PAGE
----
Tough for new students to find housing

This autumn there are lots of new students starting at LiU – but not a lot of places for them to stay. KOMBO, the students’ own tenant organisation, helps newly admitted students find their first accommodation.

The office of the student organisations' tenant association at Linköping university

KOMBO is a service where private landlords advertise that they have accommodation available that students can rent. There is no queue system; the students simply contact the landlords, and express their interest.

During the autumn term there is a huge demand for apartments and rooms in student residences, both in Linköping and Norrköping. According to Lisa Wallenberg and Lorena Persson, housing officials at KOMBO, securing a lease for an apartment or room can be difficult if you haven’t put your name on a list well in advance.

“Only about 30 per cent of new students get a first-hand lease for an apartment or a room in a student residence. The rest arrange their housing some other way, for instance by sub-letting or boarding.”

“However we’re getting surprisingly few enquiries at the moment. One reason could be that many students haven’t decided whether they want to study at LiU or somewhere else. They have until 27 July to decide, so the stress of finding accommodation probably hasn’t hit them yet.”

Boarding a win-win


Lorena Persson and Lisa Wallenberg at KOMBO help students to find accommodation.Lorena Persson (to the left) and Lisa Wallenberg at KOMBO help students to find accommodation. Photo credit: Denise Granat.Every year about 50 private individuals advertise on KOMBO’s site that they have a room to rent to a student. Several of these are recurrent landlords who enjoy having a student boarding with them. For some it becomes a long-term arrangement, spanning over several years.

“Yes, we’ve heard of students who board with the same landlord for their entire time at university, because both parties are so happy with the set-up. We’ve had lots of positive feedback, most people find it an enjoyable and rewarding experience. It’s a win-win situation,” says Lorena Persson.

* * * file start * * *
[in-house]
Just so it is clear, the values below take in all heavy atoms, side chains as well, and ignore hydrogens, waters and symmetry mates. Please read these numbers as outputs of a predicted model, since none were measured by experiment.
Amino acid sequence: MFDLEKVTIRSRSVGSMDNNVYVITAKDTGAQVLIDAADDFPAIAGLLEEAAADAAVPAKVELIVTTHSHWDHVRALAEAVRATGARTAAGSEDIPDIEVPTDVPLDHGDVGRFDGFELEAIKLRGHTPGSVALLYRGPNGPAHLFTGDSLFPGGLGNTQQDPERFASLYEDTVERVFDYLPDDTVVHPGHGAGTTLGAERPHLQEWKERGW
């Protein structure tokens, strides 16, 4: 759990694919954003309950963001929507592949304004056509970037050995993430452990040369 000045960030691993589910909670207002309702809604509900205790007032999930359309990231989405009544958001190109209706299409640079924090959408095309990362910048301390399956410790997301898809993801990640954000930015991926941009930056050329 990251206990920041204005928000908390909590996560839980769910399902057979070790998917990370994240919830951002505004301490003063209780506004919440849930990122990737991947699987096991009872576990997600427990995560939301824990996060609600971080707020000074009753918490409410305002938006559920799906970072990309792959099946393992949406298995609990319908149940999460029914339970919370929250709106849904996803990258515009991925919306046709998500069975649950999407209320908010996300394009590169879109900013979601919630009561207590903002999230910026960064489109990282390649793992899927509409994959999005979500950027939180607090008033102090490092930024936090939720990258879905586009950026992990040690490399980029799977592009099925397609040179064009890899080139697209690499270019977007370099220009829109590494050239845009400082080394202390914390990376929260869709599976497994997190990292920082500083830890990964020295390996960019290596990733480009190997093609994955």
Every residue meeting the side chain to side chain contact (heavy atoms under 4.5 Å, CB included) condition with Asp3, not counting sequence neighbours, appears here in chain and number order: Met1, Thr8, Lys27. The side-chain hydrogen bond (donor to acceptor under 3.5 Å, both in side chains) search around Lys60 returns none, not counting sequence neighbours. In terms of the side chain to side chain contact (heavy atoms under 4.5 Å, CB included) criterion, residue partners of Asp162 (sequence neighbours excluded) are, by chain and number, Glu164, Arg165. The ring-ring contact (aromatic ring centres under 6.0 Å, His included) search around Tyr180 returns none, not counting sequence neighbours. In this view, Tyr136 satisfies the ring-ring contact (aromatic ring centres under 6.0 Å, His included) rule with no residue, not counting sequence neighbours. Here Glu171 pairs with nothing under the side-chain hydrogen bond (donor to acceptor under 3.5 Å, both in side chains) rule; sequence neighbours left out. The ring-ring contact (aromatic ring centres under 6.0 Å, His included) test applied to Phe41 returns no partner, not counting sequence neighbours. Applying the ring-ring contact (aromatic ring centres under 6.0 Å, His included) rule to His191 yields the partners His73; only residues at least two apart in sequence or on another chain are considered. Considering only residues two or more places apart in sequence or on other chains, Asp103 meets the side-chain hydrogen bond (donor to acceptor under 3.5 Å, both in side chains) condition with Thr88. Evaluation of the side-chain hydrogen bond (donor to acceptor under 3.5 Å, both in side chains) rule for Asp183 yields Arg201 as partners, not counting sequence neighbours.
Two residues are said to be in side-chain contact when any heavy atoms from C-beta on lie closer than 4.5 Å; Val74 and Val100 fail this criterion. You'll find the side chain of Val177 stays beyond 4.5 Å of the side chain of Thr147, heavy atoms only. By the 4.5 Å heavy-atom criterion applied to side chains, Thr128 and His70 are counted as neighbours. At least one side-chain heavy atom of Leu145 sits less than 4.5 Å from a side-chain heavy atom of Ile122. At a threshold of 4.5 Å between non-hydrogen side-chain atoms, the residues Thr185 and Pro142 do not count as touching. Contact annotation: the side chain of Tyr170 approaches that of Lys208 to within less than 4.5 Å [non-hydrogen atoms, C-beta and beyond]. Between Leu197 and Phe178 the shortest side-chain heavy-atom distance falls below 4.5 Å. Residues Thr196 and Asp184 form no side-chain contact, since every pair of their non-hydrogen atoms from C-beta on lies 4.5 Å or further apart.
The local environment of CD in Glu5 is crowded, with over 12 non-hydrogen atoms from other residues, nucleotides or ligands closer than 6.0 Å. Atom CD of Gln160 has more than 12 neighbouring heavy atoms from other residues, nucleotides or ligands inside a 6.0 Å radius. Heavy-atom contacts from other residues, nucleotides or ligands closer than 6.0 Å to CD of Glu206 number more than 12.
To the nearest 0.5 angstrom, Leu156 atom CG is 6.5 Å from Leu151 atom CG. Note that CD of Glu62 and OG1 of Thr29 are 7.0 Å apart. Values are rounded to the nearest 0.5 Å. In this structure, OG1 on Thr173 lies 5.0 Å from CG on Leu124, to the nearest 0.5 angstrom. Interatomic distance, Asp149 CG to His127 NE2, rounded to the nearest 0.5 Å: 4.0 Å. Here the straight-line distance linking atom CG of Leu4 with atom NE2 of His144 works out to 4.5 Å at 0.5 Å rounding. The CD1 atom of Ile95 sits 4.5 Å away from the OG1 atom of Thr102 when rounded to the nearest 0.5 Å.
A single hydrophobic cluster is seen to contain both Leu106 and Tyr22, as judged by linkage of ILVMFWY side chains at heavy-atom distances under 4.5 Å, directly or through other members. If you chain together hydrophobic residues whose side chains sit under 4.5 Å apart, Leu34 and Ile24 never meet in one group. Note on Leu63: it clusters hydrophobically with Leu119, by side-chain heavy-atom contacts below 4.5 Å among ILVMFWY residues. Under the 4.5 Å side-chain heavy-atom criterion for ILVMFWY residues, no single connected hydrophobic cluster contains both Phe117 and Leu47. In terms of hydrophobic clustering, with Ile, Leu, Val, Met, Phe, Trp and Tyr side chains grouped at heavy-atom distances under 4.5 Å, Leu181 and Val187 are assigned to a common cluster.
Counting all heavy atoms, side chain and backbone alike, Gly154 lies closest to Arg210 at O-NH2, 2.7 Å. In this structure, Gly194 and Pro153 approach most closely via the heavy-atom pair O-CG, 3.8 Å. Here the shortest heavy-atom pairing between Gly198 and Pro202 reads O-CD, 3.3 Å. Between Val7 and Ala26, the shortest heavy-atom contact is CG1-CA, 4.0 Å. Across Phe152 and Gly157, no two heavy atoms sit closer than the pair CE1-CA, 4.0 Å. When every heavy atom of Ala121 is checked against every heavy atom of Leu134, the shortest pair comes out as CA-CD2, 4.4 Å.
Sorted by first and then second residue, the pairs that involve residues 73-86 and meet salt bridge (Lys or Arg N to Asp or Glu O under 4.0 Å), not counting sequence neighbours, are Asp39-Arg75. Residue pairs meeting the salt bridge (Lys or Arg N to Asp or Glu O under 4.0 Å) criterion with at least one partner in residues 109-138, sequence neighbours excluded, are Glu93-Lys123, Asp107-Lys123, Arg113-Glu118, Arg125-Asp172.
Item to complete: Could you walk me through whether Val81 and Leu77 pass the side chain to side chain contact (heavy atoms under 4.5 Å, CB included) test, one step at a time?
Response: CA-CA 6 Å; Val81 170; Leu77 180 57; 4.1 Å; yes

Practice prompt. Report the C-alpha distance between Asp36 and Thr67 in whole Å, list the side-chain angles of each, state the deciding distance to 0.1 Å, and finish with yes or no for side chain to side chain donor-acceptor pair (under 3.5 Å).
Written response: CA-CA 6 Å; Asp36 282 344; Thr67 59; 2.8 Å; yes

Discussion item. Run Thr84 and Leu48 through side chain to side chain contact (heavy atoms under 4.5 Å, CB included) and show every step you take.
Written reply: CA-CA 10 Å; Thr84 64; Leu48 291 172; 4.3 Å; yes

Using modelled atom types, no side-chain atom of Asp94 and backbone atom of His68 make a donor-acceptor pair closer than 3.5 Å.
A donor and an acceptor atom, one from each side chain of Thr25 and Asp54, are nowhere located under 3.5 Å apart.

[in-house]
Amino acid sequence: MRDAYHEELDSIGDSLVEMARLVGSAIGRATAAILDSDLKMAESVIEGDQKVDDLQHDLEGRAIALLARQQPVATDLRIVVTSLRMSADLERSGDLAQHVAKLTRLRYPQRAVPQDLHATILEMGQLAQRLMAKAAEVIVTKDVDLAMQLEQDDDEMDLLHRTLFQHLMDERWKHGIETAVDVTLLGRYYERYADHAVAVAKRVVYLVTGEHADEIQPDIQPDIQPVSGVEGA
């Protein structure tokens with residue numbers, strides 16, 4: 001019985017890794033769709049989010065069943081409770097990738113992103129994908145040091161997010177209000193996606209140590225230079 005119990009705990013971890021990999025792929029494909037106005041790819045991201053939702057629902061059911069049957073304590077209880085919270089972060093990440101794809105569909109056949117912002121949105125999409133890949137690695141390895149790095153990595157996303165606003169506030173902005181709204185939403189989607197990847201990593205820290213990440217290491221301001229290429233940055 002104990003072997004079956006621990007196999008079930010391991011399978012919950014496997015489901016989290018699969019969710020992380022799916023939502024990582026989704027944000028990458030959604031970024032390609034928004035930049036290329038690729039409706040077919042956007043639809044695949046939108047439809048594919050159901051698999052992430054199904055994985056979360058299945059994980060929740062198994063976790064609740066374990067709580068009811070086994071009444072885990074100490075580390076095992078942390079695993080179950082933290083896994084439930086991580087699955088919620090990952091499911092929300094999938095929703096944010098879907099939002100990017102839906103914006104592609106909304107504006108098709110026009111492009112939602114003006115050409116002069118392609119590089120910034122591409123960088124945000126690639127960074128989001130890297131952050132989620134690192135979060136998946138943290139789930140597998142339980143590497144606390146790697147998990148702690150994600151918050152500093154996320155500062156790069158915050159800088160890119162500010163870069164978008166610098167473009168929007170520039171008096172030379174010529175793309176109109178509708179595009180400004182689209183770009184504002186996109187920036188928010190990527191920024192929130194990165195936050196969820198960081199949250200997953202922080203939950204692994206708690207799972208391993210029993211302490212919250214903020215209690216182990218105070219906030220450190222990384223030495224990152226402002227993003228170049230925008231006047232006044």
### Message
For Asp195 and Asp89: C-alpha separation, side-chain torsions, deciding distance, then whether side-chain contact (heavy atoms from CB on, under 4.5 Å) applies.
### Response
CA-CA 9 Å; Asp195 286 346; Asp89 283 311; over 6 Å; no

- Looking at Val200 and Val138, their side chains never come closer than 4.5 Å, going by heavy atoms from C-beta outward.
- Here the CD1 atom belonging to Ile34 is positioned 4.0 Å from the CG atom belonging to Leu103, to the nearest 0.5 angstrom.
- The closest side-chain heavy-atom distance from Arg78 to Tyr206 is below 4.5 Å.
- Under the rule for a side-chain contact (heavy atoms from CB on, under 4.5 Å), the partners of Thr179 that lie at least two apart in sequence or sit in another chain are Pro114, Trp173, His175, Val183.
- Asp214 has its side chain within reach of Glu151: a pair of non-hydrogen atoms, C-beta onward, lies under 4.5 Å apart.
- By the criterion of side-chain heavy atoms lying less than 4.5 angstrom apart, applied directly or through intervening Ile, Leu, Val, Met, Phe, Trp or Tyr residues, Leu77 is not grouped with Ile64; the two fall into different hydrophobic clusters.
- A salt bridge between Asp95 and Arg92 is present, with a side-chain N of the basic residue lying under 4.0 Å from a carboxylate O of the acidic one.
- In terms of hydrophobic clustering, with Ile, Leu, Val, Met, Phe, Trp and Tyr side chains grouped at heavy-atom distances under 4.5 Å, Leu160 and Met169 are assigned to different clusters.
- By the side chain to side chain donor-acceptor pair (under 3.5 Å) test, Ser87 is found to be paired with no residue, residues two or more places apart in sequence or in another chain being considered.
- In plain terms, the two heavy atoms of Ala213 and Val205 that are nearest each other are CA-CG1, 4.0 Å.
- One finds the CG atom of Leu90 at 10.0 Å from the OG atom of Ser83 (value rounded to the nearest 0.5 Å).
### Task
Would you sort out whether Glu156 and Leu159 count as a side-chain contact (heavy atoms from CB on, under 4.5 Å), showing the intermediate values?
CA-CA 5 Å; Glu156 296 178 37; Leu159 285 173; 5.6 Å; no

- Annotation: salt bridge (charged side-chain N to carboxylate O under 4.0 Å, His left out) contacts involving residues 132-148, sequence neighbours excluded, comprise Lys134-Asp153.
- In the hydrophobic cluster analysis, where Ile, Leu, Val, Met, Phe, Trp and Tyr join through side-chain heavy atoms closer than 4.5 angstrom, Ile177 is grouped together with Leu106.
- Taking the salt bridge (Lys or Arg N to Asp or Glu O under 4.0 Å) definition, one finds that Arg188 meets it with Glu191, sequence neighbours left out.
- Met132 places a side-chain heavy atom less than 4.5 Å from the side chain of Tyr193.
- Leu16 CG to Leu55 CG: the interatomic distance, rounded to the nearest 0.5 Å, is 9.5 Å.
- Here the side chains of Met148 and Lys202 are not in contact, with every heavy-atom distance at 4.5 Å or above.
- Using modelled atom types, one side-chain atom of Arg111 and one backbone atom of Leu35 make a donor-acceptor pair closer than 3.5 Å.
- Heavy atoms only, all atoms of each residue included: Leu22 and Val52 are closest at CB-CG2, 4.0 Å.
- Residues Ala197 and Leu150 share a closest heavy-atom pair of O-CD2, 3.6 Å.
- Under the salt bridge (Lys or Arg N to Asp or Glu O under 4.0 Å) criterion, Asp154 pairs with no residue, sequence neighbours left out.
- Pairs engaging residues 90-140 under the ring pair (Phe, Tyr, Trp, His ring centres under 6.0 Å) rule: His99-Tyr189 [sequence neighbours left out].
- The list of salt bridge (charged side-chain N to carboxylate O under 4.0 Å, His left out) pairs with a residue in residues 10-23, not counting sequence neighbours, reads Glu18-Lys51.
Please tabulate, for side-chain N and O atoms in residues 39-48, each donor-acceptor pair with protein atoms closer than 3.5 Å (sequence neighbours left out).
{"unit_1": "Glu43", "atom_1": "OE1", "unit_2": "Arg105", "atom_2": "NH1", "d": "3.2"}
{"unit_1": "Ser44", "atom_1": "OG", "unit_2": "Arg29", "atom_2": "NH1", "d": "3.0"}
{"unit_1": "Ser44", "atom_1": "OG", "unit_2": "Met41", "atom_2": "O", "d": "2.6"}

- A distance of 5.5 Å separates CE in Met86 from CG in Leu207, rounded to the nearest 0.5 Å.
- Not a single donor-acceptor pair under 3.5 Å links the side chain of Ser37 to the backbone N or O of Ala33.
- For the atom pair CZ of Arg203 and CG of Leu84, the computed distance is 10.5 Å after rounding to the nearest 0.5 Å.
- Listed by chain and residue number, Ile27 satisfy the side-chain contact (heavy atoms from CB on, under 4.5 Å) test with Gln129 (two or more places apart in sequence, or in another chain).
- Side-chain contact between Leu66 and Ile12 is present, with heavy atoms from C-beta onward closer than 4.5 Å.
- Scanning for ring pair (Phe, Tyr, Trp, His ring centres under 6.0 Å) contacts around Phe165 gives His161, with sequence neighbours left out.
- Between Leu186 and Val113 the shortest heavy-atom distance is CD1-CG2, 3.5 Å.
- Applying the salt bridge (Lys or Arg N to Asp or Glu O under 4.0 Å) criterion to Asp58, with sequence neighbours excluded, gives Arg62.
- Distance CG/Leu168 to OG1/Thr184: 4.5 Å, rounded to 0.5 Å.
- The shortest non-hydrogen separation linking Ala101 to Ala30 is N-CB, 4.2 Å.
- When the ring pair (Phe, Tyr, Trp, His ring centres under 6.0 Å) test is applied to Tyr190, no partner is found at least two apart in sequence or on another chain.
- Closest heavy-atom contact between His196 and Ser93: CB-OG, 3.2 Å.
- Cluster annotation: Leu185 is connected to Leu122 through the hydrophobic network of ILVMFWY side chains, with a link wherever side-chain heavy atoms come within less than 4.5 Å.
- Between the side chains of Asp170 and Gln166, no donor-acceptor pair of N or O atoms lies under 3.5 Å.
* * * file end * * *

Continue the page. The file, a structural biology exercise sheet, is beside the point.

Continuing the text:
Despite the good response from those who have rented out accommodation before, there is still a need for more – which is why Lisa Wallenberg is urging more people to rent out rooms to new students.

“Help a student with their housing, even if it’s just for a short period. Or if you’re a student yourself, why not let a new fellow student sleep on your sofa for a few nights? Contact us. All types of housing are welcome.”

Emergency housing – a last resort


For students who haven’t secured housing prior to the start of term, neither as a boarder nor in an apartment or student residence room, there is the option of emergency housing. KOMBO manages one apartment in Linköping that can accommodate some 30 students and one in Norrköping with room for ten.

“In previous years we’ve put mattresses on the floor, but this year we’re making the emergency housing a bit nicer, by buying camping beds instead,” says Lisa Wallenberg.

However both Lisa and Lorena emphasise that emergency housing is just a temporary solution – it is only available until the end of September. After that, the students must find somewhere else to live.



KOMBO is the students’ own tenant organisation. It is run by Kårservice, on behalf of the three student unions at LiU: StuFF, LinTek and Consensus. You can find KOMBO's office in Kårallen, Valla Campus.

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